01:31 PM

The New York Times Co. Overhauls Its IT Infrastructure

The New York Times Co. will overhaul its IT infrastructure and move onto mySAP Business Suite and SAP for Media, the company said Wednesday.

The New York Times Co. will overhaul its IT infrastructure and move onto mySAP Business Suite and SAP for Media, the company said Wednesday.

The goal to integrate several properties across the company will move advertising, circulation, distribution, invoicing and online onto one common platform. The overhaul will replace many semi-custom systems across the businesses, many no longer supported.

The platforms vary in age. "In New York, the advertising system is between 15 and 20 years old," said Chris Mayer, CIO for the New England Media Group at The New York Times Co. "The advertising system in New England, which was written internally, is about 15 years old. The circulation system recently installed gave us some integration, but isn't big enough to support what we want to accomplish with the SAP solution."

The New York Times Co., with 2005 revenues of $3.4 billion, publishes The New York Times, The Boston Globe, The International Herald Tribune, and has properties in radio, online content, specialty products and direct mail.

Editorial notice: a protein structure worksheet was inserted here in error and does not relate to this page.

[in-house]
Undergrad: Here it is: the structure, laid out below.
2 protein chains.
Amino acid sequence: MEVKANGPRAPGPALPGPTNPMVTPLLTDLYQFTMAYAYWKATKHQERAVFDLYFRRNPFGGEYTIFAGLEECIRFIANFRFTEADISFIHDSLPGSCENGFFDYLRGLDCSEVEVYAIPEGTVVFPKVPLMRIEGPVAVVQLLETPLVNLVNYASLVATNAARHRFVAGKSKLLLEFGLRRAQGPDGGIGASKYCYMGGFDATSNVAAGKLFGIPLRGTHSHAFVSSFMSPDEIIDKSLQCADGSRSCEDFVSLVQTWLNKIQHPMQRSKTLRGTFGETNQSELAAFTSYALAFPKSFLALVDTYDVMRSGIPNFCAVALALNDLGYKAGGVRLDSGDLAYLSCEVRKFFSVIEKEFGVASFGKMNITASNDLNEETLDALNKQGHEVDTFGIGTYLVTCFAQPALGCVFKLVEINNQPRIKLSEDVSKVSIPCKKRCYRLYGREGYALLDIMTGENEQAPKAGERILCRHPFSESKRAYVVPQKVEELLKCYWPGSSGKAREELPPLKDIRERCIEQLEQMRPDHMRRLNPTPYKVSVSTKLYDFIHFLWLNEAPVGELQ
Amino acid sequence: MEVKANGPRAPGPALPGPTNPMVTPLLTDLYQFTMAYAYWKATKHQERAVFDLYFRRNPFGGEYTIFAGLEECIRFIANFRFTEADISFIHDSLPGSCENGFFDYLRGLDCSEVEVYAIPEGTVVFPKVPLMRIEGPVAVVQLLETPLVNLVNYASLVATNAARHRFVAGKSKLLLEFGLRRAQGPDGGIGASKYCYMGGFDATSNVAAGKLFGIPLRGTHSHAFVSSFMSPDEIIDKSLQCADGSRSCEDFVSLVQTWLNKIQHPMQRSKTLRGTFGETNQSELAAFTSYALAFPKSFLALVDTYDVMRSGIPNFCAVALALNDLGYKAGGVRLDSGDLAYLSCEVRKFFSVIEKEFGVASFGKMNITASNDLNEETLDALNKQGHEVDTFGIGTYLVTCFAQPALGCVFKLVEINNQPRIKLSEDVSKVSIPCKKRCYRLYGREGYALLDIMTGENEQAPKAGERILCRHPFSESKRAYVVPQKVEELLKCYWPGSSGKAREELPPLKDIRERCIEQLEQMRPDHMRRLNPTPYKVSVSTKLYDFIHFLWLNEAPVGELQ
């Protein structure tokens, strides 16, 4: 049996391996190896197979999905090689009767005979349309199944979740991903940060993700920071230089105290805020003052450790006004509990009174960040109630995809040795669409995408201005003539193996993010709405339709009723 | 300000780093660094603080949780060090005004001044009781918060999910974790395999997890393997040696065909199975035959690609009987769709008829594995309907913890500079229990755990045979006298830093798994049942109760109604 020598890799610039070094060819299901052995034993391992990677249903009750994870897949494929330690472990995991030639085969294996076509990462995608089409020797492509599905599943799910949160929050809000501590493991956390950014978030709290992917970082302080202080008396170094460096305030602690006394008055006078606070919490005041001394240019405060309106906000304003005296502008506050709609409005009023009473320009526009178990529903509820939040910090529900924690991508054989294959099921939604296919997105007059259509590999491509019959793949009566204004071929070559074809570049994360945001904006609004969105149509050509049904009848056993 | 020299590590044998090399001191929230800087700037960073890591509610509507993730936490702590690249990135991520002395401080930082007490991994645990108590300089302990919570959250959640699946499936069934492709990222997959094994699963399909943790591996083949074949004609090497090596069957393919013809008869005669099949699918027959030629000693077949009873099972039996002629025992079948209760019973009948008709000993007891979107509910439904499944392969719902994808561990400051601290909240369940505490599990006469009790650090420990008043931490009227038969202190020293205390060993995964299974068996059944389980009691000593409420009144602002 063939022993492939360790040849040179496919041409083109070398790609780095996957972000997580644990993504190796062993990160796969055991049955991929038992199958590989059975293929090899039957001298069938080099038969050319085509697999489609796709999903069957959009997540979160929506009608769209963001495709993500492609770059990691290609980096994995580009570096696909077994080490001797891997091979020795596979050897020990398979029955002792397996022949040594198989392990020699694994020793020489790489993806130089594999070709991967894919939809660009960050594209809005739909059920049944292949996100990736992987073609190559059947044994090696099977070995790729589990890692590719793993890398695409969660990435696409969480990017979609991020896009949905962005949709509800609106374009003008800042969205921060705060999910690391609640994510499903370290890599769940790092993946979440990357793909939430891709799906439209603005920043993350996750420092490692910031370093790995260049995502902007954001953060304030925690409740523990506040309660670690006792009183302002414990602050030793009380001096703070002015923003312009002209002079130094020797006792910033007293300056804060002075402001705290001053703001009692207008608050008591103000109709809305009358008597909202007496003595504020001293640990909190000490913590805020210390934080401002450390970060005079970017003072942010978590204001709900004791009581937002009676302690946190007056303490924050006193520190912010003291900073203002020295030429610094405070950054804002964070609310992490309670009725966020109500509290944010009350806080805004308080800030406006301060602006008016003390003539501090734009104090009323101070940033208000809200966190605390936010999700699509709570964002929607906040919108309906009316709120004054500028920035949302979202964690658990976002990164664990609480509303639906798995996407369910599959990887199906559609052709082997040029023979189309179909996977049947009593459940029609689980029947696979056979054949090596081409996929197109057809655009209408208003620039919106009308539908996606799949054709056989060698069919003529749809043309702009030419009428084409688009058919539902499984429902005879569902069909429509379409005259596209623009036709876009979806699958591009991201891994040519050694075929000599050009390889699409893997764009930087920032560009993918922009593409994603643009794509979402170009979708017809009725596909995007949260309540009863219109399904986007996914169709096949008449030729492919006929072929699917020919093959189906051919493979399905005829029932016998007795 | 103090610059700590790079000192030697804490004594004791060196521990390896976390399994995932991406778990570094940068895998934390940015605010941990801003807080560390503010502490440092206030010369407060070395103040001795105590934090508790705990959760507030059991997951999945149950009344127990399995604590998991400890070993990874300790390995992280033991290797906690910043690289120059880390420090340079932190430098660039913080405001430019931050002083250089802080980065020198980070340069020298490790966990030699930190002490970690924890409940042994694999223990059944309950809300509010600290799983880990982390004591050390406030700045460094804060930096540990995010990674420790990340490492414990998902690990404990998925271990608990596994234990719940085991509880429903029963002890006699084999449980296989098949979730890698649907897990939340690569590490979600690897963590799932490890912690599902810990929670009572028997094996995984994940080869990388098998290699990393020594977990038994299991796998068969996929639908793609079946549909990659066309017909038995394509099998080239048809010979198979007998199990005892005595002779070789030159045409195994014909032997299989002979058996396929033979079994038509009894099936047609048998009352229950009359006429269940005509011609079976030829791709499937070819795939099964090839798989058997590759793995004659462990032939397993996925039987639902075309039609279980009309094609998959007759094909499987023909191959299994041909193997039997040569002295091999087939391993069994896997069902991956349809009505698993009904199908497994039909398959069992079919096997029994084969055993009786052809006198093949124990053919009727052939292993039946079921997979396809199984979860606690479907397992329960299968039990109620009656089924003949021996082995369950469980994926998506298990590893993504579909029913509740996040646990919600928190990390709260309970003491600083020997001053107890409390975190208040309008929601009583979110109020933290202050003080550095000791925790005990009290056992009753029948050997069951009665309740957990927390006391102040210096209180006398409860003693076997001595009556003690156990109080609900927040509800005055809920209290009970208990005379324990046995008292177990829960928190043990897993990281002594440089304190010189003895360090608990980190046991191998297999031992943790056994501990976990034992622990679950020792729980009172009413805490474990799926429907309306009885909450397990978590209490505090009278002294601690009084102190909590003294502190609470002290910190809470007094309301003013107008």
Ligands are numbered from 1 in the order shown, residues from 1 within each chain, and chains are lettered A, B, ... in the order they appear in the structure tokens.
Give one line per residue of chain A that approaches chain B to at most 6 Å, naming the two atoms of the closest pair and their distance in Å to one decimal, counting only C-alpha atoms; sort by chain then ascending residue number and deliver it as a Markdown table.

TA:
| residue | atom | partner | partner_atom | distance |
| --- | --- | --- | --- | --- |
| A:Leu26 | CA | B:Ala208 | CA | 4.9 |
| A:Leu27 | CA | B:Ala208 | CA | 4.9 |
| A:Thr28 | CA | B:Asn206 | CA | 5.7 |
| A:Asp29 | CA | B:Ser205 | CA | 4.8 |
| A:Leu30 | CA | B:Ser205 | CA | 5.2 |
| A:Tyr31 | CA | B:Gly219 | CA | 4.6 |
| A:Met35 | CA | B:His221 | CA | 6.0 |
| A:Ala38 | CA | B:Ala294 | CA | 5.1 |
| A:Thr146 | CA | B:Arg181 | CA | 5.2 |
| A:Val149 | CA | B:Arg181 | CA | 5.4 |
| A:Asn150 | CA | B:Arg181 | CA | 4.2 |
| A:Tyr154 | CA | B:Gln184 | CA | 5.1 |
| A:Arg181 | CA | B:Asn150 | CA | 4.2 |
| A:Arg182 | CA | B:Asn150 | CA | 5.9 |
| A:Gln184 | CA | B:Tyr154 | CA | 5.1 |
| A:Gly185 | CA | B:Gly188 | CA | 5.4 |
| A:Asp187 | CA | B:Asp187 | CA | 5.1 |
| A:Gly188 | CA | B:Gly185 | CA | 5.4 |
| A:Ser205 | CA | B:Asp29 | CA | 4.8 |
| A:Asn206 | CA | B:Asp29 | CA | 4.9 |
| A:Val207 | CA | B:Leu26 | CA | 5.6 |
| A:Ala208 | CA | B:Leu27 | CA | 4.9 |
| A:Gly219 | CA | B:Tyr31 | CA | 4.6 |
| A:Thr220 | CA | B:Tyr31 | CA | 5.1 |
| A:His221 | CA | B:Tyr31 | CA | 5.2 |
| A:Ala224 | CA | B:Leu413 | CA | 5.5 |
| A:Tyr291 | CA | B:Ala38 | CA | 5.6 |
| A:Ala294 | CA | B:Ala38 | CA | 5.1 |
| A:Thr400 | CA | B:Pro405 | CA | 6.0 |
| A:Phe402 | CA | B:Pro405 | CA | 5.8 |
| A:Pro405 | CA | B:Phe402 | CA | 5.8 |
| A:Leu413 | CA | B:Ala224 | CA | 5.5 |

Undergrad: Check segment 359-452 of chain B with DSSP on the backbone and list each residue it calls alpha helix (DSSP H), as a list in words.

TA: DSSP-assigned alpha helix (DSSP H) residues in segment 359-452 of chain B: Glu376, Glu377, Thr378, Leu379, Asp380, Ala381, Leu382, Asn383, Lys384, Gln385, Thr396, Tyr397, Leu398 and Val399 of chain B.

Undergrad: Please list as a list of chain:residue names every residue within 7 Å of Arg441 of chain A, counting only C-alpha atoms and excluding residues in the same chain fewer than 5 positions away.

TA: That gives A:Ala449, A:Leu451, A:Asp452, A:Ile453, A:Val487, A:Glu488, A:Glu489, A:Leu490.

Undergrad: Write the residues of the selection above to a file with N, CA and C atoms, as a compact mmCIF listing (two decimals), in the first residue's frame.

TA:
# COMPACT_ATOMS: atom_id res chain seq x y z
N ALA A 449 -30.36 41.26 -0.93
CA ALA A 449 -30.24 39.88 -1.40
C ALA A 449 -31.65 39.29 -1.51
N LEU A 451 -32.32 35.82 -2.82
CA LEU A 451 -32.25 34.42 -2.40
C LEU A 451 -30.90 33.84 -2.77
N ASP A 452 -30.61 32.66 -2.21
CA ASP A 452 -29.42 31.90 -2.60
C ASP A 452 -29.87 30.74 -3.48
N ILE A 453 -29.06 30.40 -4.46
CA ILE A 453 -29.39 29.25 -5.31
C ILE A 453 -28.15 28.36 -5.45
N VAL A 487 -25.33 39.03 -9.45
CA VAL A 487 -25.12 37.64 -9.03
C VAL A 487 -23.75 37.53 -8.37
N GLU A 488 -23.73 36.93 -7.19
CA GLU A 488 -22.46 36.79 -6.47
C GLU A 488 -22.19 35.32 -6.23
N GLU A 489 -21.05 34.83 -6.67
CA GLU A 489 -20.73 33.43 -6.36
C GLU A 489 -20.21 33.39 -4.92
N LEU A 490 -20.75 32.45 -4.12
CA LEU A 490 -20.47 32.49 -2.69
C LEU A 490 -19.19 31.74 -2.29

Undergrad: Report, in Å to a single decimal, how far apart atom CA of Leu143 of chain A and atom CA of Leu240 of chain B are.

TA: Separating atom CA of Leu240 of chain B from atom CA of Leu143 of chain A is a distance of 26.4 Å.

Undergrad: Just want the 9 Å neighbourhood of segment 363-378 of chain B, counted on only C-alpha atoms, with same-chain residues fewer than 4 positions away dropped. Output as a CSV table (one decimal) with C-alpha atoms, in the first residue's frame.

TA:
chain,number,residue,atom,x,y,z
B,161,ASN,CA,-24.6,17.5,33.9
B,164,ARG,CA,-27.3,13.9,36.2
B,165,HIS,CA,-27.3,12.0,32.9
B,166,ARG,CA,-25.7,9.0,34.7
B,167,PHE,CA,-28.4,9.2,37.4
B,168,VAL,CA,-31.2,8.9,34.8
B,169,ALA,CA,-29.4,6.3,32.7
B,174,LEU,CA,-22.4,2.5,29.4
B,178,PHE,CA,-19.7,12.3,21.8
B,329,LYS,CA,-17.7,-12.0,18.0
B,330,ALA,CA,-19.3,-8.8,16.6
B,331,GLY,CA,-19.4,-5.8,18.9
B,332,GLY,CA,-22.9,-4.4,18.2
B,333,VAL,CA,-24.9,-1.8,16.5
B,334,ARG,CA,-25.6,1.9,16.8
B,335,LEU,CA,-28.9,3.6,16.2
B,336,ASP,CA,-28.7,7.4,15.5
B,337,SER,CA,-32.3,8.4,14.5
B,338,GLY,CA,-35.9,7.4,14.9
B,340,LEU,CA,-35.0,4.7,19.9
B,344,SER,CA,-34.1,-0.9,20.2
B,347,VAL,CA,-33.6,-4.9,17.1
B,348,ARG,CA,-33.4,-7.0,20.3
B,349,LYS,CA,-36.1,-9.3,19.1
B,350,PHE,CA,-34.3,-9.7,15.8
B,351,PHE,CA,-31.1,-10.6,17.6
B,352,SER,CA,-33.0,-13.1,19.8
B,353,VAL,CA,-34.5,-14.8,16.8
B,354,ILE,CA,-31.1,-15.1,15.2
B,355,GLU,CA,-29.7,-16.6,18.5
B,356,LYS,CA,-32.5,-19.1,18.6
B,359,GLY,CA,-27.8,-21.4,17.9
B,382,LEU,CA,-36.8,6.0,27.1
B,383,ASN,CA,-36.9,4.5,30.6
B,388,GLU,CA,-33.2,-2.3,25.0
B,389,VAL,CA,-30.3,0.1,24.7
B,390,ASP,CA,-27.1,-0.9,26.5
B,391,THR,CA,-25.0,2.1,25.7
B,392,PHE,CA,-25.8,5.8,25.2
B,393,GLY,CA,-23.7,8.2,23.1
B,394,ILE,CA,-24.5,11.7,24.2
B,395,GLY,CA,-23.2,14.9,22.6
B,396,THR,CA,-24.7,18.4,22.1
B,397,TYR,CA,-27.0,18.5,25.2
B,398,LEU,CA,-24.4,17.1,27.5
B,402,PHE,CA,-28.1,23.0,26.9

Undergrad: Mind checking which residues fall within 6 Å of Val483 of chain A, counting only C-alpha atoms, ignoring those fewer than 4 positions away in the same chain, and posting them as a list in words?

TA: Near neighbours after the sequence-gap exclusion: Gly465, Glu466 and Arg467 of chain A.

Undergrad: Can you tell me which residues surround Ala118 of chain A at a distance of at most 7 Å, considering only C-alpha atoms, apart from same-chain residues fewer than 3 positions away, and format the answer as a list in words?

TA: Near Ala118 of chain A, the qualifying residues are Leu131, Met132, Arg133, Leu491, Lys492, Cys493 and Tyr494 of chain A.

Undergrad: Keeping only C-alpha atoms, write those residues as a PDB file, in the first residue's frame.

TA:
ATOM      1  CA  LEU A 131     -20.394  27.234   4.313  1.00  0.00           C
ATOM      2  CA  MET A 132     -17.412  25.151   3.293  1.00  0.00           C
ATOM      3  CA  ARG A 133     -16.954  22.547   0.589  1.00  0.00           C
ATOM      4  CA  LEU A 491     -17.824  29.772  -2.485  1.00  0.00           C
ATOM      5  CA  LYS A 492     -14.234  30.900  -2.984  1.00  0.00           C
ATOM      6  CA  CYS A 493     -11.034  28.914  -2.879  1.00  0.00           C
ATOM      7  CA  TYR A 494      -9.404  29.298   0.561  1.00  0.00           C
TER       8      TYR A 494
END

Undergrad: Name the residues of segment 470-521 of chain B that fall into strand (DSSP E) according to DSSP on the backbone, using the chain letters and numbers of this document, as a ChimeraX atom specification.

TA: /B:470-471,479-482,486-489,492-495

There are multiple modules for advertising and circulation, Mayer said, as well as numerous publications and locations that will tie together.

The project design began in January. Installation will get underway in the third quarter of 2007. Some new infrastructure is being added. Mayer expects to retire the existing systems as the application comes on line and users get acquainted with the technology.

Although SAP NetWeaver standardizes processes for reporting and analytics, it also will assist to integrate older systems with new. "NetWeaver already knows how to talk to SAP," said Bruce Benson, entertainment & media principal at SAP America Inc. "It can map your exiting legacy systems to the SAP platform without you having to figure it out."

Integrating systems and processes will give The New York Times Co. a better understanding of its customer base. Having access to the information could identify opportunities for circulation department representatives to upgrade subscriptions, for example, or sales employees to add online advertising to print contracts.

"We're looking at this as a business transformation," Mayer said. "The goal is to align the business across the company to gain a consistent view of our customers and have the ability to support future initiatives like new products."

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